• With the objective to remove complexities from the tax system, the Government plans to remove the reforms to the off-payroll working rules (IR35) to free businesses from the requirement to determine the employment status of the individuals providing services via an intermediary or a personal service company. With the change coming into effect from 6 April 2023, the workers will regain the responsibility to establish their working status and income tax and national insurance contributions liability.
  • Following the Government’s review of the Research and Development (R&D) tax reliefs and introduction of several reforms, including bringing pure mathematics research within scope of the reliefs, including data and cloud computing as new qualifying costs and refocussing the reliefs towards innovation in the UK, the Government confirmed that it would continue the review and expects to introduce further reforms.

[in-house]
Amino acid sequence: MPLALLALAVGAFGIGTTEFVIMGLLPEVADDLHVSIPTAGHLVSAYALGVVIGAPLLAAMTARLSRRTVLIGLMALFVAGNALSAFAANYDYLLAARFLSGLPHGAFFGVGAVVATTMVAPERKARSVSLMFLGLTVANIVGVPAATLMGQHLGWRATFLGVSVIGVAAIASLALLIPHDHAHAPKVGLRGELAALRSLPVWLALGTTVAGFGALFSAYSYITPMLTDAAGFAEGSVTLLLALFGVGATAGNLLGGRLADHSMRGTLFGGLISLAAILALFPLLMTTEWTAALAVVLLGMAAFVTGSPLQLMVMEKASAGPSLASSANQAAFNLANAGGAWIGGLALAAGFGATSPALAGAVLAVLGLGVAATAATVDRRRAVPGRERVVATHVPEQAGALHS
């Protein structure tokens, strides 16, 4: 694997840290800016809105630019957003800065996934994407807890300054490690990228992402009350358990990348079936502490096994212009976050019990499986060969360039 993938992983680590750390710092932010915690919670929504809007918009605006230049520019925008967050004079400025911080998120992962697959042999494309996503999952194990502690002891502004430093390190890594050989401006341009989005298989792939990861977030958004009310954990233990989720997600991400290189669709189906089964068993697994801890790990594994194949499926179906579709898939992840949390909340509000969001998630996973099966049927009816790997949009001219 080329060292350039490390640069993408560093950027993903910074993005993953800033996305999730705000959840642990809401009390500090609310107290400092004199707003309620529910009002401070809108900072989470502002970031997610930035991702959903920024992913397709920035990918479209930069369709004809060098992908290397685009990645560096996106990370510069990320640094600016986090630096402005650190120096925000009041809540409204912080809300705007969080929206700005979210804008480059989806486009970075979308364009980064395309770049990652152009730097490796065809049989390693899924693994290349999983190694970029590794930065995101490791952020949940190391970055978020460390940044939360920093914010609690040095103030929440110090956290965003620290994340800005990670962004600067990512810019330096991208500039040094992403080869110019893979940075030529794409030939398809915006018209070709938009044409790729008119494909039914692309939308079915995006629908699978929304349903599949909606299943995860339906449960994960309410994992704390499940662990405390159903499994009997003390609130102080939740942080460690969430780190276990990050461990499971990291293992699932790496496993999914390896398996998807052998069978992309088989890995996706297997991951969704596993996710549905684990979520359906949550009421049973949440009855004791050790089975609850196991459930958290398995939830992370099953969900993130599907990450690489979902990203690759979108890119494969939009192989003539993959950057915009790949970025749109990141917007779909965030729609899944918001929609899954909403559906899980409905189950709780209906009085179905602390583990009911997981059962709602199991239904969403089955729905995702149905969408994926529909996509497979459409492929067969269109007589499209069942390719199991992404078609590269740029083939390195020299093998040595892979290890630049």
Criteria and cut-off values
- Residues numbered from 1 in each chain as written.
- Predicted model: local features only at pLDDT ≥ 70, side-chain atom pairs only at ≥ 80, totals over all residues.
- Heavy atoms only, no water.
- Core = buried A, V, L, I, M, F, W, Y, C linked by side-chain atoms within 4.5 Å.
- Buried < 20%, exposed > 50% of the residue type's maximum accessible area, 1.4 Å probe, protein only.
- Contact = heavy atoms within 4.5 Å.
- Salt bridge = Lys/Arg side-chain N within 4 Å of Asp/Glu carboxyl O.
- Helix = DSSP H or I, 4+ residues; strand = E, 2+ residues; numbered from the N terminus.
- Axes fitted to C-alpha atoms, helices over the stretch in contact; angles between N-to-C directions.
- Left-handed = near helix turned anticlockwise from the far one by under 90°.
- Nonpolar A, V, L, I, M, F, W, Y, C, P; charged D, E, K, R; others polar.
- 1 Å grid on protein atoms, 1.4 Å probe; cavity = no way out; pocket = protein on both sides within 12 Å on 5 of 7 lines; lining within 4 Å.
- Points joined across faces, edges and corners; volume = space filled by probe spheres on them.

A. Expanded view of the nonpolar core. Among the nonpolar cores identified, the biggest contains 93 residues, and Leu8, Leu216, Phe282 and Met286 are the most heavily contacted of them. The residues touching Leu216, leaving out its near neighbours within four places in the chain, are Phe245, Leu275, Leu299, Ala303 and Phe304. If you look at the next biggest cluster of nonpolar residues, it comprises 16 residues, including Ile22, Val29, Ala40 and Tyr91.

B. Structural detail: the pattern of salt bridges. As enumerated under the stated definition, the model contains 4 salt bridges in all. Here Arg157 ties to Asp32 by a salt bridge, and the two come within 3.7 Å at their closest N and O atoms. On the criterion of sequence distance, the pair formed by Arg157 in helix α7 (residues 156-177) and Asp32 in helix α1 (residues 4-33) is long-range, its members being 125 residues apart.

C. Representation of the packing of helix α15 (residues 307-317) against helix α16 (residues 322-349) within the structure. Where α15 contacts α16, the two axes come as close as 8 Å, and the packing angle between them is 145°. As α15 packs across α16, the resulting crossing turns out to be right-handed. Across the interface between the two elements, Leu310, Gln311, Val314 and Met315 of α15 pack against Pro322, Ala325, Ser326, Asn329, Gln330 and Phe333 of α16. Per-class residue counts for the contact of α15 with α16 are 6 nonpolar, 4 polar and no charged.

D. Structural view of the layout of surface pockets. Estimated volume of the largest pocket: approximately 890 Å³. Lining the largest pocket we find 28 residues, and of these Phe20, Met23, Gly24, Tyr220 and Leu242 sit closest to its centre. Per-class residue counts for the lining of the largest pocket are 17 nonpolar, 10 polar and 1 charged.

Finance business/services sector

  • With the objective to reduce unnecessary regulation in the financial sector, the Government plans to abolish the EU rules applied to financial services (including Solvency II) and replace them with the rules tailored to the UK market.
  • The Government also announced that the Prudential Regulation Authority would repeal the EU rules that limit variable pay for senior bankers (i.e. “banker’s bonus cap”) to ensure that the financial sector is not impeded in its growth and stability.
  • Designed to support the growth within the UK banking sector, the expected rate of Bank Corporation Tax Surcharge will be abolished. While banks will continue to pay an additional 8% rate of tax on their profits, the new measure will ensure that the combined rate of tax on profits paid by banks will be maintained at 27%.